Conclusion

The many context-specific ways in which people attempt to negotiate consubstantiation through breastmilk exhibit both the richness of human understandings of kinship and the pervasive role of moral motherhood expectations in driving infant feeding decisions and interpreting relationships of shared substance. The symbolic weight that breastmilk carries in human societies is dynamic, encompassing several conceptions of the substance as more than mere food or bodily fluid, but as essence of the woman producing it, her intentions, and her environment. While there are circumstances in which a degree of ambiguity is permitted in understandings of what consubstantiation means for the mother-infant dyad it creates or, in some cases, interrupts, many individuals attempt to demystify the meanings of breastmilk in order to stabilize or justify their position in a child’s life. At the root of these negotiations is the belief that human breastmilk carries moral value as the superior mode of infant nutrition. Those making infant feeding decisions must then access breastmilk to continue to operate within the guidelines created by moral motherhood strictures while elucidating the implications of relatedness that arise from substantive intrusions into the most simplified manifestation of the mother-infant dyad.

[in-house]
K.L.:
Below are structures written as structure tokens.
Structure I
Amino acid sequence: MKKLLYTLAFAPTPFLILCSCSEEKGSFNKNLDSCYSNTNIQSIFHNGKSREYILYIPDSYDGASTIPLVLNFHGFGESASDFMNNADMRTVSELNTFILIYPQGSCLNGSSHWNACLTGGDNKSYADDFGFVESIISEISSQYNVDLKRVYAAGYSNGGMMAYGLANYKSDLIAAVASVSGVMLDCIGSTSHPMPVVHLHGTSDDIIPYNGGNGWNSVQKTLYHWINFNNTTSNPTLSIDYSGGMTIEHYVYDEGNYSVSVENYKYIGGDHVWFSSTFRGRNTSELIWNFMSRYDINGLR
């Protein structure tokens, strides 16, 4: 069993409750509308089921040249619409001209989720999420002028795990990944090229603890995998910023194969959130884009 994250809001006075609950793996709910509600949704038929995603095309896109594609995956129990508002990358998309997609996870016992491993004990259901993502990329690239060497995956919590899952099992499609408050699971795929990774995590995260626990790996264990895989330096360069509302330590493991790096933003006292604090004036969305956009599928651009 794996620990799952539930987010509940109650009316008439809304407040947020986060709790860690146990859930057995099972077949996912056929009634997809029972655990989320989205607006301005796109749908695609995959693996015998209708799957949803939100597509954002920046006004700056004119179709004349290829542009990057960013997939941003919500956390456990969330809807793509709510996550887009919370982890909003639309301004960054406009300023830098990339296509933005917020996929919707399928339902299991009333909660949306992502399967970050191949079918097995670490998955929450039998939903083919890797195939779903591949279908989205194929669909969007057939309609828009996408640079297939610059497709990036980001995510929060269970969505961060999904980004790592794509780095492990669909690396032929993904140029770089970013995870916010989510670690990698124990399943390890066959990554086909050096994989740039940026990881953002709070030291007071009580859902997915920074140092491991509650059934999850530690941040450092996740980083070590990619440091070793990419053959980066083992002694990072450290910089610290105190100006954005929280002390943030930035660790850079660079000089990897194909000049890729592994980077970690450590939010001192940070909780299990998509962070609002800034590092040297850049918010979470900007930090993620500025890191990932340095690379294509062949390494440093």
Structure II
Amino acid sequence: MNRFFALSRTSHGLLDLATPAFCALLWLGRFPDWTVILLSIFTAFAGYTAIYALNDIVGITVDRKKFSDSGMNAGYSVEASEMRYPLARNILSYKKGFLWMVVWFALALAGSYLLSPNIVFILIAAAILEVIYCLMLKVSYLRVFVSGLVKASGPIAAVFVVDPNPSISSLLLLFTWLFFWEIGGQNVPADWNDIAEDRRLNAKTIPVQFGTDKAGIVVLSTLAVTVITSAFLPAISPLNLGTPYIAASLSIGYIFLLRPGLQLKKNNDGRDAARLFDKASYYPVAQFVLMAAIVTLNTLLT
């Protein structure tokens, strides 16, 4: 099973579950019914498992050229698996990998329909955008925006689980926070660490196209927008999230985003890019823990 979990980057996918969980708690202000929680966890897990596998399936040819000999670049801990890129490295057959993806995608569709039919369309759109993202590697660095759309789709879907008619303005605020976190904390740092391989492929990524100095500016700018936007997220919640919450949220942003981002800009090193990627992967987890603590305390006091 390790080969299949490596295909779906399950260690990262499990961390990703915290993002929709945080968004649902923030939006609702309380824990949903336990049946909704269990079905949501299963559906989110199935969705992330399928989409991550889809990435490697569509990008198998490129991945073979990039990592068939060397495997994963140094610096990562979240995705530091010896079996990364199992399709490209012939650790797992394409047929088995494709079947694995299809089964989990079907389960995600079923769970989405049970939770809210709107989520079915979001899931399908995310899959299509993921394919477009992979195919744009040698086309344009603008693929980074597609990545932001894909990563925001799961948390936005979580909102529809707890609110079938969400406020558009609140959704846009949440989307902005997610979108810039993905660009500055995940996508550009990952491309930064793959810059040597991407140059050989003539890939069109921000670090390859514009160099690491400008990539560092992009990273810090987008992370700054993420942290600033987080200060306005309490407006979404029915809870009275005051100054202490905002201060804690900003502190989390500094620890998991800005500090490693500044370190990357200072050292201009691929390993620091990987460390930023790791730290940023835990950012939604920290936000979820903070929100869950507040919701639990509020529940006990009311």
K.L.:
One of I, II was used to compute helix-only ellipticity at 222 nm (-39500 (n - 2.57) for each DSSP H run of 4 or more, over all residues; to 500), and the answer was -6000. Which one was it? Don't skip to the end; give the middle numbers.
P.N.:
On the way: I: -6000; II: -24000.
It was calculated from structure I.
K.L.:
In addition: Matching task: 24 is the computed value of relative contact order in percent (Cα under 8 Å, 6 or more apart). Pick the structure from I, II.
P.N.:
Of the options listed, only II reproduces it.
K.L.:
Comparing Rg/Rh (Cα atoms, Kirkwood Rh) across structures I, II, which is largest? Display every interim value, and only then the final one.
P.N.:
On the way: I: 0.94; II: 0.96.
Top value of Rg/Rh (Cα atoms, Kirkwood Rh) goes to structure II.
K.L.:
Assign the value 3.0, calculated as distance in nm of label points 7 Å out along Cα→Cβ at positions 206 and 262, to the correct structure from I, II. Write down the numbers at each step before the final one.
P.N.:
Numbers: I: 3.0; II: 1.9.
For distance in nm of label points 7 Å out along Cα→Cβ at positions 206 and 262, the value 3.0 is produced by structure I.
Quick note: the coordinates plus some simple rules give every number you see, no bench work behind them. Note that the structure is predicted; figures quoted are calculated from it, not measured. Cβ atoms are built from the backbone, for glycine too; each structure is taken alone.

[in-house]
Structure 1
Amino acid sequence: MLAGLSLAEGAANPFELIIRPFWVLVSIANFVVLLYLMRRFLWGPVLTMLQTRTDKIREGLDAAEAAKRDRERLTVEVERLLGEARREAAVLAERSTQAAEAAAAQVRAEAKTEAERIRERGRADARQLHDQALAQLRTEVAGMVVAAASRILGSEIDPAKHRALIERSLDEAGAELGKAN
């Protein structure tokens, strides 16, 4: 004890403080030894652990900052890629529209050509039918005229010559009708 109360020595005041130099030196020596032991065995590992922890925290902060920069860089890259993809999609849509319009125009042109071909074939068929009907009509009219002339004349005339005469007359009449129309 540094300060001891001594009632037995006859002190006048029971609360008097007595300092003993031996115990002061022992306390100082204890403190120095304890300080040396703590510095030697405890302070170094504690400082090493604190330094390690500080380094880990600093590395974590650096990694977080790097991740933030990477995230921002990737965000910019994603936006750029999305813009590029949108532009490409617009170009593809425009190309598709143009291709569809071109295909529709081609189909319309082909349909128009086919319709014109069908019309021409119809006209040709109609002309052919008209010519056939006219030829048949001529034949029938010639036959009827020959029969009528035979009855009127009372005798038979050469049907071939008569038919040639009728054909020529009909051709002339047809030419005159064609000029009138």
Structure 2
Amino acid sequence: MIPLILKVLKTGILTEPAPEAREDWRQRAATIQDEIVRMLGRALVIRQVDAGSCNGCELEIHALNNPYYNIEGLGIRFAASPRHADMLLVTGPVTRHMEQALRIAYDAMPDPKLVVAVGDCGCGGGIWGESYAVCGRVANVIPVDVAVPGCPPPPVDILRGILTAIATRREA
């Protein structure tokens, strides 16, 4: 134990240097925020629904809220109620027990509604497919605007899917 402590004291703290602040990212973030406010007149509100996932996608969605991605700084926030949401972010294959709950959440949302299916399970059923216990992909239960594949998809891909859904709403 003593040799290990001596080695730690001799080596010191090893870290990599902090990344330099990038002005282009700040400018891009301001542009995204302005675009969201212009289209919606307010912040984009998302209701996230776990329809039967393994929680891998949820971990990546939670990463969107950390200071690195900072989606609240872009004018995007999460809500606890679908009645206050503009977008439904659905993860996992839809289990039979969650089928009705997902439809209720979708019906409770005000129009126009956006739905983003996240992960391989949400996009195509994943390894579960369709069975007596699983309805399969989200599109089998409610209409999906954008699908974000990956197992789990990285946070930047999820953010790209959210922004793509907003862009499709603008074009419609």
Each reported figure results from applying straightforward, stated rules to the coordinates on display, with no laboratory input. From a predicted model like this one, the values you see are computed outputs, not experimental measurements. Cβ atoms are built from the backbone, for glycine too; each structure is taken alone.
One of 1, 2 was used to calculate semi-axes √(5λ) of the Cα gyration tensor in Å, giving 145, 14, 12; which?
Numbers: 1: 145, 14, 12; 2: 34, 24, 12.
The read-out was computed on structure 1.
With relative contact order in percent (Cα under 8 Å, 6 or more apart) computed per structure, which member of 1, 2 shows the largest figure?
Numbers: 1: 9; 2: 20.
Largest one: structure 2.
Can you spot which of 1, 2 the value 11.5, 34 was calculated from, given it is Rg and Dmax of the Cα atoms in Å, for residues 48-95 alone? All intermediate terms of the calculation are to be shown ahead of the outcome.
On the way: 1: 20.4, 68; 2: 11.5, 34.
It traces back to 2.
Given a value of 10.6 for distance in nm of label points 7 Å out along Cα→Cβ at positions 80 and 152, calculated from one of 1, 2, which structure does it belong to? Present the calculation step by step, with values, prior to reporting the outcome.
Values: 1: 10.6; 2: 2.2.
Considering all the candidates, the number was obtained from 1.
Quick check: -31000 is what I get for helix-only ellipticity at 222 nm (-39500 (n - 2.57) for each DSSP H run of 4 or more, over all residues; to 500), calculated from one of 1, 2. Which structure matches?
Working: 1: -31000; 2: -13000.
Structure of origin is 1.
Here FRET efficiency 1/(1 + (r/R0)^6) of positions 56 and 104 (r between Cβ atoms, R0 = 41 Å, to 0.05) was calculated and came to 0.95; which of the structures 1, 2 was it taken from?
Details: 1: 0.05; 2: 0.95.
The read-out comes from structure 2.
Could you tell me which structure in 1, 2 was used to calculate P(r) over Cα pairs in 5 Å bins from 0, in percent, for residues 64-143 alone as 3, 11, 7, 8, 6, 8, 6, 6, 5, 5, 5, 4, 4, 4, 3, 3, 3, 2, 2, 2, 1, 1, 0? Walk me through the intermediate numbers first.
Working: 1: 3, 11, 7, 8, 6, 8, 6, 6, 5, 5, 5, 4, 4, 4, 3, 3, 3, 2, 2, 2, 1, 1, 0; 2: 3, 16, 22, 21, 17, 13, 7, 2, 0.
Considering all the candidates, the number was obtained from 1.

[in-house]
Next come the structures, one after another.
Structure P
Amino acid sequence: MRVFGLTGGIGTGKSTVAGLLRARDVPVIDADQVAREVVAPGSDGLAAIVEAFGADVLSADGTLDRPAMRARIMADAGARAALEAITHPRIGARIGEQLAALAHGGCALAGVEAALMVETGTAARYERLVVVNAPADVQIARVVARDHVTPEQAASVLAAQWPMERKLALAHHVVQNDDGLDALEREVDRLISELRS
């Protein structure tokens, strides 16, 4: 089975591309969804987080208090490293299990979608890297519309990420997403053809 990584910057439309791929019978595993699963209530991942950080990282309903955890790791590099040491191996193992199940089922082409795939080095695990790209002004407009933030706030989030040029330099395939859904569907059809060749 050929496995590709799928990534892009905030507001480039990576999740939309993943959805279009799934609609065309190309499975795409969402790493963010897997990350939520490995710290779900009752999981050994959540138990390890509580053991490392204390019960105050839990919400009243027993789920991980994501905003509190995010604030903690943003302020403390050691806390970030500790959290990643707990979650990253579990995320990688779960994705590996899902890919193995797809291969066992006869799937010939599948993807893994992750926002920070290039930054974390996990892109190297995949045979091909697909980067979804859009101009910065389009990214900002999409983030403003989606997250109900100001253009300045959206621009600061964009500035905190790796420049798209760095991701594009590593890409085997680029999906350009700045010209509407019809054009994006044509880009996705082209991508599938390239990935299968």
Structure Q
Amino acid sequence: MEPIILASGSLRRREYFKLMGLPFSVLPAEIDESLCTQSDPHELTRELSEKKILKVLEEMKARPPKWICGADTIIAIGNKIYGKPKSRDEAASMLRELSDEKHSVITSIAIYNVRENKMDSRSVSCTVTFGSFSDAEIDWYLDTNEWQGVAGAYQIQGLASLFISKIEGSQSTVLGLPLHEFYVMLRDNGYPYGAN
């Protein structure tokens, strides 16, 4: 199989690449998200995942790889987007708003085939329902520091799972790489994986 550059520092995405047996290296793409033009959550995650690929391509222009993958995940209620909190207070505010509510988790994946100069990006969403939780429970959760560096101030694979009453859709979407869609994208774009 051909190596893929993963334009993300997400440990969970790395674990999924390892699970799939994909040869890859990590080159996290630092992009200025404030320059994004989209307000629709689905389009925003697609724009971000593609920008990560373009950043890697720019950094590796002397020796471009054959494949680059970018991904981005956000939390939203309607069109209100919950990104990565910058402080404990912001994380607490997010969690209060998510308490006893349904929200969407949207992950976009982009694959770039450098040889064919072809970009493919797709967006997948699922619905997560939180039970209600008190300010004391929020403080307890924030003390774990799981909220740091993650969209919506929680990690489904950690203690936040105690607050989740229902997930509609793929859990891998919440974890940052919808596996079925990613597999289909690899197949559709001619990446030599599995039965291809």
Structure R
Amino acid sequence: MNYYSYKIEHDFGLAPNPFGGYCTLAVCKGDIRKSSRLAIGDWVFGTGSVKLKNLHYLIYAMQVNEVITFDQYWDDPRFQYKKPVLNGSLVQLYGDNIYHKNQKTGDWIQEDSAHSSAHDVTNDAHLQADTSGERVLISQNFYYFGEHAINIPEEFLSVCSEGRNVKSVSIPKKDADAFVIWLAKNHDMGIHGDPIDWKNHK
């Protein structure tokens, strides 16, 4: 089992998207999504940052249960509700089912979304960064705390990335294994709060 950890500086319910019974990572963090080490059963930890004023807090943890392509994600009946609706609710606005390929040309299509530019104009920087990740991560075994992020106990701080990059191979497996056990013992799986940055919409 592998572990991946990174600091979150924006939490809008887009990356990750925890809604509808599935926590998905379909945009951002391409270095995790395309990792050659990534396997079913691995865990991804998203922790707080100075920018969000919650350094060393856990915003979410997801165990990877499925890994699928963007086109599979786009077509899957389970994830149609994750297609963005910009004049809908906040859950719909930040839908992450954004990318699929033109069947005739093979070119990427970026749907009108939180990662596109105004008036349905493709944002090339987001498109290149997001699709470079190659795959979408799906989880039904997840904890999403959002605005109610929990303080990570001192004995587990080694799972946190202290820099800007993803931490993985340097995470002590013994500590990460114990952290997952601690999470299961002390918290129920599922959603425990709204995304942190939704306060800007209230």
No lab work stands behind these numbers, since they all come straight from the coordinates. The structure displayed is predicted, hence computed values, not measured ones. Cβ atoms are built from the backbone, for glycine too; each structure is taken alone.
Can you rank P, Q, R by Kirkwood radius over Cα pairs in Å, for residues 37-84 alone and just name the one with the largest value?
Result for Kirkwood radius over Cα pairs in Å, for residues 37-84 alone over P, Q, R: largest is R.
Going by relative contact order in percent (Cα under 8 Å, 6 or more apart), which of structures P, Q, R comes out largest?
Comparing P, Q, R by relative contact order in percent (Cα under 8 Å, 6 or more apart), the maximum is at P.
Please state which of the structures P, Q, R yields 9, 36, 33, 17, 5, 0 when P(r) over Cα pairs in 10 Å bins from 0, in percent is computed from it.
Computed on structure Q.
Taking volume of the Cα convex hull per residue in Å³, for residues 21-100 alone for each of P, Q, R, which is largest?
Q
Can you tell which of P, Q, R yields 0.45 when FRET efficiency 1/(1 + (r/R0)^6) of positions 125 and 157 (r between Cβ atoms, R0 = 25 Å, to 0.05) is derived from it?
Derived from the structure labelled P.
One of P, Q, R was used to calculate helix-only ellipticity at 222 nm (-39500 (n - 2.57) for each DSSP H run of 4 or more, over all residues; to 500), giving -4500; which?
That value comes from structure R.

Works Cited

Bledsoe, C., & Scherrer, R. F. (2007).  “The dialectics of disruption:  paradoxes of nature and professionalism in contemporary American childbearing” in Reproductive Disruptions: Gender, Technology, and Ethics in the New Millennium. Marcia C. Inhorn, ed. Oxford: Berghahn.

Bonyata, K. (2018, January 13). Relactation and Adoptive Breastfeeding: The Basics. Kelly Mom. https://kellymom.com/bf/got-milk/relactation/

Boris, E. (2019). Reproduction as production: Thinking with the ILO to move beyond dichotomy. Journal of Labor and Society, 22(2), 283-298.

Brown, K. (2014, August 6). How I breastfed my surrogate-born baby. Today’s Parent. Retrieved from https://www.todaysparent.com/baby/breastfeeding/breastfed-surrogate-born-baby/

Carsten, J. (1995). The substance of kinship and the heat of the hearth: feeding, personhood, and relatedness among Malays in Pulau Langkawi. American ethnologist, 22(2), 223-241.

Cassidy, T., & Dykes, F. (2019). “Chapter 1: Ethnography of human milk exchange in the contemporary world” in Banking on milk: An ethnography of donor human milk relations. Routledge.

Cohen, M. (2018). Should human milk be regulated. UC Irvine L. Rev., 9(3), 557-634.

Douglas, M. (2004). “The Two Bodies” and “Sin and Society” in Natural symbols: Explorations in cosmology. Routledge.

El-Khuffash, A., & Unger, S. (2012). The concept of milk kinship in Islam: issues raised when offering preterm infants of Muslim families donor human milk. Journal of Human Lactation, 28(2), 125-127.

Ginsburg, F., & Rapp, R. (1991). The politics of reproduction. Annual review of Anthropology, 20(1), 311-343.